on March 3, 2020
Genres: Diversity, Fantasy & Magic, LGBT, Romance, Young Adult
Amazon | Book Depository | Publisher | Angus & Robertson | Booktopia | Barnes & Noble
Add to Goodreads
Where Nirrim lives, crime abounds, a harsh tribunal rules, and society’s pleasures are reserved for the High Kith. Life in the Ward is grim and punishing. People of her low status are forbidden from sampling sweets or wearing colors. You either follow the rules, or pay a tithe and suffer the consequences.
Nirrim keeps her head down and a dangerous secret close to her chest.
But then she encounters Sid, a rakish traveler from far away who whispers rumors that the High Caste possesses magic. Sid tempts Nirrim to seek that magic for herself. But to do that, Nirrim must surrender her old life. She must place her trust in this sly stranger who asks, above all, not to be trusted.
Set in the world of the New York Times–bestselling Winner’s Trilogy, beloved author Marie Rutkoski returns with an epic LGBTQ romantic fantasy about learning to free ourselves from the lies others tell us—and the lies we tell ourselves.
I’ve been looking forward to a new book from Marie Rutkoski for a long time and I have some mixed feelings about The Midnight Lie. It’s set in Herrath, an island that sits in the same world as The Winner’s Trilogy and, while I loved being back in the same world and hearing mentions of some of the characters who I’ve come to love, The Midnight Lie didn’t bring out the same excitement in me as The Winner’s Trilogy. There were many subtle similarities in the plot and characters of between the two and I just didn’t think that it was done as well this time around. However, there were still many things that I enjoyed about it, including the F/F romance.
It’s a midnight lie… a kind of lie told for someone else’s sake, a lie that sits between goodness and wrong, just as midnight is the moment between night and morning.
The Midnight Lie has a strict class system, made up of Half-Kith, Middlings and High Kith. Throughout the book, we follow Nirrim, a Half-Kith baker who works at a tavern in the Ward, where all of the Half-Kith live and are never allowed to leave. Half-Kith are forced to dress plainly in neutral colours and to eat plain foods that are never very sweet, tangy or bitter. They live extremely poorly and can be sent to prison by councilmen for the smallest of things. Once in prison, they are forced to tithe something that belongs to them: from blood, to hair and eyelashes, to body parts. Nirrim has always managed to avoid getting into trouble, despite what she gets up to in her spare time. But one day, she meets a strange traveler who tells her that the High Kith of Herrath have magic and Nirrim can’t help but be tempted to seek out the truth for herself.
I really enjoyed Nirrim’s character. And it has nothing to do with the fact that I’ve just really gotten into bread making lately… She was simultaneously brave and timid, sassy and submissive, and I really loved watching her grow throughout the book. She’s definitely a character that I felt connected with from the very start of the book and she made it much easier for me to connect with the plot. I also absolutely loved Sid, who provided a great contrast to Nirrim. Sid was vivacious and it was so easy to fall in love with Sid. The two of them together made a great pair and I absolutely cannot wait to see what happens next.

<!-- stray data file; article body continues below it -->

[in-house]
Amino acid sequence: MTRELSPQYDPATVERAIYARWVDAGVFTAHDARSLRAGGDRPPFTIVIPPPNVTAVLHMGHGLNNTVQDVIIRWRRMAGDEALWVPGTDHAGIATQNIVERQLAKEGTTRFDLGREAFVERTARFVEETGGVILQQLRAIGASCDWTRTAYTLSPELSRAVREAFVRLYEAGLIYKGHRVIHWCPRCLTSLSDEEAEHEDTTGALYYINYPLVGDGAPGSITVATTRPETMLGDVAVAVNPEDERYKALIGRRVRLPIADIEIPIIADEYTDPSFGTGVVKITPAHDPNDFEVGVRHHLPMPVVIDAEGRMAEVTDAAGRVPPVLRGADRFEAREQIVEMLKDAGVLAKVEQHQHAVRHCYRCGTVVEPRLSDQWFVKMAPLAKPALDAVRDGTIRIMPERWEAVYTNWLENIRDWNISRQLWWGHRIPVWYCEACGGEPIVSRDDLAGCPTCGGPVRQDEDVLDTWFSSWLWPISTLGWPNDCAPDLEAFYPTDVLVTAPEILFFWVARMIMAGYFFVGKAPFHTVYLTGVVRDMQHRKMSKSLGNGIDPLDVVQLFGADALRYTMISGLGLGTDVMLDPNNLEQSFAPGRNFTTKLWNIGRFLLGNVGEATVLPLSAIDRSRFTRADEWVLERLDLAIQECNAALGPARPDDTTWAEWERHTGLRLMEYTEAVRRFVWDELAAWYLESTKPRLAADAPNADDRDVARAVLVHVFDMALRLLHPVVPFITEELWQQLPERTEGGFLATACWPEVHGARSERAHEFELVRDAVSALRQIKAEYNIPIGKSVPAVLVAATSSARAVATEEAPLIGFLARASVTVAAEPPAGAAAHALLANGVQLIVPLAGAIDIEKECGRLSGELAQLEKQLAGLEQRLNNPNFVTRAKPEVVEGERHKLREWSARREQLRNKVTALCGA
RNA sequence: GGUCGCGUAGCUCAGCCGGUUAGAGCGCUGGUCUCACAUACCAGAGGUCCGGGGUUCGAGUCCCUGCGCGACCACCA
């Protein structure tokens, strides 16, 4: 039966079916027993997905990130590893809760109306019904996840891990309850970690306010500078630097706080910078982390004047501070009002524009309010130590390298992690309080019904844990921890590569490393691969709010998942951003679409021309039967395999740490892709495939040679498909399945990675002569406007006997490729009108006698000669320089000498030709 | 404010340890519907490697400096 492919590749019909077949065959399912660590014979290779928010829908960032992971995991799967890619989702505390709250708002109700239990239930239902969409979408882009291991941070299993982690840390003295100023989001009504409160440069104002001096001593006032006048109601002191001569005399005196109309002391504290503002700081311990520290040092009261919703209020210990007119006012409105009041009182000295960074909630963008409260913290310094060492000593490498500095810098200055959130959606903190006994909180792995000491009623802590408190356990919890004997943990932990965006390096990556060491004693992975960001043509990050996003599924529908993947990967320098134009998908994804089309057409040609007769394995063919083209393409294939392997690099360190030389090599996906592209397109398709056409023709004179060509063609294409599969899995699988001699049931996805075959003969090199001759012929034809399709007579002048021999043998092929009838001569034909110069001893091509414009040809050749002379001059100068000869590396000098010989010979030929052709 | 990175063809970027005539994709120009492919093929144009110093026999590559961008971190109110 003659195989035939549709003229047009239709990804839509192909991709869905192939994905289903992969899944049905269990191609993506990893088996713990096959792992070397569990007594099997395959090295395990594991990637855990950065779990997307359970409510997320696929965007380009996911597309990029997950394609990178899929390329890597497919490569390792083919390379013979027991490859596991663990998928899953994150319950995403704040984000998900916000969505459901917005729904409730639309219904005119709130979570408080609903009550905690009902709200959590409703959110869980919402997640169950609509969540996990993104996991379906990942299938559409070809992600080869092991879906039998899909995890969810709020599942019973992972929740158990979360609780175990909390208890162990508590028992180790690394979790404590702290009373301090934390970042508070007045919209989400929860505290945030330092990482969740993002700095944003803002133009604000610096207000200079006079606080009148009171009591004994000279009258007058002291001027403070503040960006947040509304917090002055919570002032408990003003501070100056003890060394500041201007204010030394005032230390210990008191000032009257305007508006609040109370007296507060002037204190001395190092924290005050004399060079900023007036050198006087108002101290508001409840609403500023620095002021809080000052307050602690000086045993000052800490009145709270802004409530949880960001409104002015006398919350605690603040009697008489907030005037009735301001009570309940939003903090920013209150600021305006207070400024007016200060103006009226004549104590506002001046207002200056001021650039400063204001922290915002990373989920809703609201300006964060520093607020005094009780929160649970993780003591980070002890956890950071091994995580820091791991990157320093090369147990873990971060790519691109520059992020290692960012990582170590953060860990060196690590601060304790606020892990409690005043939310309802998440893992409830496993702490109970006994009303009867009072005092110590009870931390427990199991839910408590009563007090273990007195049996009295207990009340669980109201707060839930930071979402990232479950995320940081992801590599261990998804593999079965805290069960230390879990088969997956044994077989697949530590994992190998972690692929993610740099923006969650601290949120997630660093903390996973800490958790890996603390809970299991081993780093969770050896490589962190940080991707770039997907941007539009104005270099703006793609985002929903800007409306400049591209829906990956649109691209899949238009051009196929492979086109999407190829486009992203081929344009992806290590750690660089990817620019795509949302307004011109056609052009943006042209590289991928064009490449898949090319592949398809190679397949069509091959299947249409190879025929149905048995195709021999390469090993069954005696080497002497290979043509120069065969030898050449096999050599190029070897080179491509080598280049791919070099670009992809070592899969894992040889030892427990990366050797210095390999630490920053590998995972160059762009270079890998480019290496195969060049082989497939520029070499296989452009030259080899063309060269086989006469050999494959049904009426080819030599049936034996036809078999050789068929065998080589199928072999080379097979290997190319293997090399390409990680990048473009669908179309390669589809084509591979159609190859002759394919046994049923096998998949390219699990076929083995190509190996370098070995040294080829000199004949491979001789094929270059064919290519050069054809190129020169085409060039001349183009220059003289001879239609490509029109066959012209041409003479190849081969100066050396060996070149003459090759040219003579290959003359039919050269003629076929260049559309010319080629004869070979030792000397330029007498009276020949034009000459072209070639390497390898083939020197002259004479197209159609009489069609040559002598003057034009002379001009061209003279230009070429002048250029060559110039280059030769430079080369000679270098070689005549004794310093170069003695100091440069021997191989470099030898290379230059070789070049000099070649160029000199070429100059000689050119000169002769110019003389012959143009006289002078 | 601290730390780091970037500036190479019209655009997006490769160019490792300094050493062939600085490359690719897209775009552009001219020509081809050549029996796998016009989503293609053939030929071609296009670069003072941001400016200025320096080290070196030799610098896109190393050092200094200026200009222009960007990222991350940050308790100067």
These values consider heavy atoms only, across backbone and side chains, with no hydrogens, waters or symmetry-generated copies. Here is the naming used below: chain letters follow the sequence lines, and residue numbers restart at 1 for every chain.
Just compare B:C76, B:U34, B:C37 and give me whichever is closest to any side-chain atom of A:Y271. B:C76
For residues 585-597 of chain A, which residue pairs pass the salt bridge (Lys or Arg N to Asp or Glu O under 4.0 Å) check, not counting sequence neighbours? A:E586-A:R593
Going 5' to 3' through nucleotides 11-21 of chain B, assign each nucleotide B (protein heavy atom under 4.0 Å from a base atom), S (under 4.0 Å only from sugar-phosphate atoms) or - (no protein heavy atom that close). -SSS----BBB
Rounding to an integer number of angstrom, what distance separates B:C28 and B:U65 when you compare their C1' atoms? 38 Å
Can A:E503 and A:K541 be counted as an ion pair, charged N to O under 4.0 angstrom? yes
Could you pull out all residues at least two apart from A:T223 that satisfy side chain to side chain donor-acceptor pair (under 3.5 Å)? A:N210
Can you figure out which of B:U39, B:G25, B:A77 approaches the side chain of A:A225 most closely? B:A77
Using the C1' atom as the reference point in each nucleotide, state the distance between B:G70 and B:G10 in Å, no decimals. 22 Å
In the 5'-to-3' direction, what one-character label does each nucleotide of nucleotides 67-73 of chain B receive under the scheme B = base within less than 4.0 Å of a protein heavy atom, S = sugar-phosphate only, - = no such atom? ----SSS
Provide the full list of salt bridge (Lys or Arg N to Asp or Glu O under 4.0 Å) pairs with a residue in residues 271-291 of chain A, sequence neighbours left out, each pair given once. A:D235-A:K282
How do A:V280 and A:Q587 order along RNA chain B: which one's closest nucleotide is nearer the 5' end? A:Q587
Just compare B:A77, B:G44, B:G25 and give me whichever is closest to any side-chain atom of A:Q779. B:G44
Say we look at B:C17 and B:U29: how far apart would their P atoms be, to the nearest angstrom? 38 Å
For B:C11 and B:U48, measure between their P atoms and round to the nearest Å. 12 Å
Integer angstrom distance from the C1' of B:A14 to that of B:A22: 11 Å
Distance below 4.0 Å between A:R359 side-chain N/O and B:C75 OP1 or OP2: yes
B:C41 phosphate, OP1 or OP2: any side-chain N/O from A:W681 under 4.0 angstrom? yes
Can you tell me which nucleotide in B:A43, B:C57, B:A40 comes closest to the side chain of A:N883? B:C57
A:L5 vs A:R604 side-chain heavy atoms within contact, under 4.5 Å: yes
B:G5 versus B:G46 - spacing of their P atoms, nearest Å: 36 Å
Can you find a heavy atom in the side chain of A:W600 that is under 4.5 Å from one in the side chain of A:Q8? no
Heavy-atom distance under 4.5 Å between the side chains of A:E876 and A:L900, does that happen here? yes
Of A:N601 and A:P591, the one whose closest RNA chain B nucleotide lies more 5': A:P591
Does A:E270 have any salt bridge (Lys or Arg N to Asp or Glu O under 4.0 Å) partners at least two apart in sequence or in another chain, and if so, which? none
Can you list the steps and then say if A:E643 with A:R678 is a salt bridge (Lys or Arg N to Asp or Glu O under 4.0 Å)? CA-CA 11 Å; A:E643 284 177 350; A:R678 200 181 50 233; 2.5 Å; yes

I also liked the world, even though it’s definitely nothing new. There are many books with these sorts of caste systems (including The Winner’s Trilogy itself) and I’ve certainly read about many other worlds that were similar to the Ward. However, what made the Ward special were the characters that inhabited it – from Harver, the printer of books, to the girls who live with Nirrim at the tavern. Even Nirrim’s abusive guardian, Raven, was an interesting character that made the Ward stand out.
The plot was probably what let the book down a little for me. The pacing of the book was extremely slow for the first 75% of the book, where we were just getting to know the characters and the world. It was a very slow build up of the plot and it was difficult for me to see where it was going until things were revealed in the last little bit of the novel. I didn’t find the book to be as gripping as The Winner’s Trilogy and found my attention wavering a little bit. It lacked the political intrigue that made The Winner’s Trilogy exciting and, although the magical aspects of the book were captivating, it wasn’t really keeping me in the book until I got to the end of it. And what an ending it was! I have absolutely no idea what’s going to happen next and will definitely be picking up the sequel because I really need to know!
What The Midnight Lie lacked in plot and pacing, it made up for in the characters. I loved Nirrim as a main character and enjoyed her relationships with the other characters in the book. I’m excited to see what happens next in the series and I can’t wait to see how the romance in the book develops.
Rating: 3.5 out of 5
Thank you to Hachette Australia for providing a review copy of the book.
The Midnight Lie is now available at all Australia retailers for $19.99 RRP.
Latest posts by Jenna (see all)
- The Sky is Everywhere Review: A Strong and Considered Exploration of Grief - April 8, 2021
- A Pho Love Story Review: The Novel That Has It All - March 25, 2021
- Chain of Iron Review: How Will I Survive The Wait for Book 3?! - March 13, 2021